Age: 24 Year Diagnosed: 2019 Location: Chicago, IL
“The first few weeks after I was diagnosed, I had a lot of “poor me” and “why me” moments. After having the disease for a few months, it may be weird to say but I don’t dislike my diabetes. I try not to think of diabetes in such a negative way anymore. Sure, it is a pain in the pancreas sometimes, but I have grown as a person through my diagnosis. I think one of the best things I did was reach out to other diabetics online and even ones that I used to know in college. Finding people who can relate to you and understand that diabetes is more than just a diet change can really help justify your feelings and create another platform of support. I went to a type one meetup the month after my diagnosis, created a diabetes-centered Instagram account, shared my diagnosis with all my friends and family, and started writing about my feelings in a blog online. I get frustrated at the lack of understanding in the world about type one diabetes, so it would be unfair if I didn’t try to educate and share my story with the people I surround myself with. I don’t want to hide my diabetes – I want to display the disease proudly and share my experiences with others to help them learn from my mistakes. I am a firm believer that everything happens for a reason, and I think diabetes happened to me for many reasons. It’s only been a few months, and I have already found a few of those reasons— most importantly the many new friendships with people I would have never spoken to if we all had perfectly-functioning pancreases.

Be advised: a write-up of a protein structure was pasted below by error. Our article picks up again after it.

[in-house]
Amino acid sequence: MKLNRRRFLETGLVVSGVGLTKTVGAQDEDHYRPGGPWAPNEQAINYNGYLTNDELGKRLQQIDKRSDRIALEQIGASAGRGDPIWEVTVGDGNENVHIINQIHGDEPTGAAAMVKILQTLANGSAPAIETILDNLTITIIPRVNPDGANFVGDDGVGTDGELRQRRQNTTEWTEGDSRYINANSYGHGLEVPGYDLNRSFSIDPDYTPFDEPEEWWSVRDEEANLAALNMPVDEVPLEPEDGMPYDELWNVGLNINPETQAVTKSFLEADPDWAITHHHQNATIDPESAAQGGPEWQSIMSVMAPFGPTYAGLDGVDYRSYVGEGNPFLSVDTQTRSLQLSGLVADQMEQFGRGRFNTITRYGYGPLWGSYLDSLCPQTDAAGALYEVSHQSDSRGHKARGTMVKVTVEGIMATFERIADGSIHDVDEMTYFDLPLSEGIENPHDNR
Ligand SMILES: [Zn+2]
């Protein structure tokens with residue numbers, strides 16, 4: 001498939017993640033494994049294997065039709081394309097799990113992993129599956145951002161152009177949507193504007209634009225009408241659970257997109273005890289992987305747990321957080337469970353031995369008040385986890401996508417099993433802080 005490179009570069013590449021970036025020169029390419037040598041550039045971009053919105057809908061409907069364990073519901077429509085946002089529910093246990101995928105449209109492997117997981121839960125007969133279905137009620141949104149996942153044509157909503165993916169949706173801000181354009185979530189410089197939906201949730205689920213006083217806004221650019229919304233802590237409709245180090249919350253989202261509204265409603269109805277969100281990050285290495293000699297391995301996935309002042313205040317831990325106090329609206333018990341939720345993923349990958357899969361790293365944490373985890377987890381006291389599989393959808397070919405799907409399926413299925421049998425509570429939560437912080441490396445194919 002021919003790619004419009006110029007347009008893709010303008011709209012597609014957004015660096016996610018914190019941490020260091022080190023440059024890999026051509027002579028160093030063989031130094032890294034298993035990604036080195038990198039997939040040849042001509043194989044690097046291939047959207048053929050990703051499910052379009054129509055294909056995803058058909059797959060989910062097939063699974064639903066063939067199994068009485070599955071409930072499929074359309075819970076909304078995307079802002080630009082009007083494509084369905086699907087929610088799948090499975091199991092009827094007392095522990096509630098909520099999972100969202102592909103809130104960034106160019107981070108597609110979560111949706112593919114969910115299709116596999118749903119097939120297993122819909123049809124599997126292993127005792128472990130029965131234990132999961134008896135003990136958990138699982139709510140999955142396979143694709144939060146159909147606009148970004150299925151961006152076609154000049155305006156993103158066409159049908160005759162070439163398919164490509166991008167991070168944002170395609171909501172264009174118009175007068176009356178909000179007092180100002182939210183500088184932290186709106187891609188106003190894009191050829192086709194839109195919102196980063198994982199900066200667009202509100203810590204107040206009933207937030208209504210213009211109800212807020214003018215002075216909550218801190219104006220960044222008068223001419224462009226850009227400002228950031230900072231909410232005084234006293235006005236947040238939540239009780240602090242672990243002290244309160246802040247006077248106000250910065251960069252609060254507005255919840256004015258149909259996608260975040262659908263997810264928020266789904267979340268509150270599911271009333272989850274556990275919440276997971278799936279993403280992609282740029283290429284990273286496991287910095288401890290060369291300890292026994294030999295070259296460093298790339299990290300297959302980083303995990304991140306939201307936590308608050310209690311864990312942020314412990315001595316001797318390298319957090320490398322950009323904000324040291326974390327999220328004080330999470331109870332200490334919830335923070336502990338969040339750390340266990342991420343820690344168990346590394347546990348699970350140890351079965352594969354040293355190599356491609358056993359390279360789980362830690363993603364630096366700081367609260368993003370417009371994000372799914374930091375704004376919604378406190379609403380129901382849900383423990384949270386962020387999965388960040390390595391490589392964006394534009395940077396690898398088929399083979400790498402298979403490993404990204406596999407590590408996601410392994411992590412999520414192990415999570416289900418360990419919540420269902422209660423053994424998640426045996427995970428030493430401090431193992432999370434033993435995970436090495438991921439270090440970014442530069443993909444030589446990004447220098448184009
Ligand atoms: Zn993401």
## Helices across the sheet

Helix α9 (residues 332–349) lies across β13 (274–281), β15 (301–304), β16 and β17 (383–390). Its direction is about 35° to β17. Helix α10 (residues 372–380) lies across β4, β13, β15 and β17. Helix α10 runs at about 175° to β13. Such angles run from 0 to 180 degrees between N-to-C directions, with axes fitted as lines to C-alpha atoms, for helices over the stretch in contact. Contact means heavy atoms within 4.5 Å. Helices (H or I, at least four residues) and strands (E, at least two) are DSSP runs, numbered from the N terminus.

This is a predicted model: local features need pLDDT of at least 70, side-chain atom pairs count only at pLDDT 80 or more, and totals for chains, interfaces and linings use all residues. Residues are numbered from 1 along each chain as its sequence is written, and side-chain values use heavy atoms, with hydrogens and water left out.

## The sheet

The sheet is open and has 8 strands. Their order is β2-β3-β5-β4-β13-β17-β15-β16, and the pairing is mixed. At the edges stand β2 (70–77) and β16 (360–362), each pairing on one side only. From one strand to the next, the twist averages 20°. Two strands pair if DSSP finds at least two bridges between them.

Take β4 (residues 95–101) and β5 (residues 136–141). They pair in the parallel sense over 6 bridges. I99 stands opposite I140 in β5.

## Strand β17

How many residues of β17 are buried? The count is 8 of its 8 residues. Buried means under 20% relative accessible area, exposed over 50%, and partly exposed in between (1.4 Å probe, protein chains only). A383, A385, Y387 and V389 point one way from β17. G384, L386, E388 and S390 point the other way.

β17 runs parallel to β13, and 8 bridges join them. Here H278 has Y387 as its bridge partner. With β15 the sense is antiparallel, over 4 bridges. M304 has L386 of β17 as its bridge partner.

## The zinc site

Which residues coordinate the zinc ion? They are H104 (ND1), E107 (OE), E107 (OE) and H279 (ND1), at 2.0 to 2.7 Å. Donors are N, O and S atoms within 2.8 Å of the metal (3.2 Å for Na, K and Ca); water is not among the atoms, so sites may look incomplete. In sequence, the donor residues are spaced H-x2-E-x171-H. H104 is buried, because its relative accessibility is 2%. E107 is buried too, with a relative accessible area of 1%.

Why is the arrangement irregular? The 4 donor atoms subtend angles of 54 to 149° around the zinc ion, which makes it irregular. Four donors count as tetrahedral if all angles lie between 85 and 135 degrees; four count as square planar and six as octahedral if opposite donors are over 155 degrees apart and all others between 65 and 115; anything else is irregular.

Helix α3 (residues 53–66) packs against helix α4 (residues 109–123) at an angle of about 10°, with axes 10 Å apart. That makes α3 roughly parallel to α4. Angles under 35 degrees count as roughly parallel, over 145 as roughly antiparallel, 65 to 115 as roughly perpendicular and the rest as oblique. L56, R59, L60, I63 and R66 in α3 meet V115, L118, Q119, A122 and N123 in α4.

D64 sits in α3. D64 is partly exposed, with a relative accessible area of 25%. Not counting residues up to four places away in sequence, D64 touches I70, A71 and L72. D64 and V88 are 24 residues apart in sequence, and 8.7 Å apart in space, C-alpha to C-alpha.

My best advice to anyone with diabetes is to not be so hard on yourself. After I was diagnosed, I went online and researched everything like crazy trying to solve every issue I thought I might have with diabetes before it even happened to me. I got worked up about my body not having “normal” reactions to my favorite meals, and when my blood sugar spiked I got discouraged. I am in dental school, and I have that perfectionist mindset which is a blessing and a curse. I learned a lot about diabetes in dental school and how much the disease can impact overall oral and systemic health if left uncontrolled. I had an A1C of over 13 at my diagnosis, so knowing this and having a general knowledge of how high blood sugar can damage your body scared me into basically banning most sugar from my diet and being a crazy careful carb counter. Thankfully, I have learned that I can still have decent control over my sugars without saying no to every food I used to eat. I have a huge sweet tooth, so it only took a few weeks of trying to unsweeten my body before I realized there was no way I could keep avoiding chocolate chip cookies for the rest of my life!! Does every insulin dose I give always cover my carbs exactly? No. Do I have to eat low carb every day to have good control over my diabetes? No. Do I still stress about going low or spiking too high after meals? Of course. I guess what I am saying is, I have found that it is better to laugh off the bad days with diabetes instead of dwelling on the mistakes you will inevitably make. I have noticed that when something is not going the way I want in terms of my diabetes management, beating myself up only makes my blood sugars worse! Diabetes isn’t a joke, but when you start to give yourself room to make mistakes and laugh things off, it really helps sweeten your perspective.”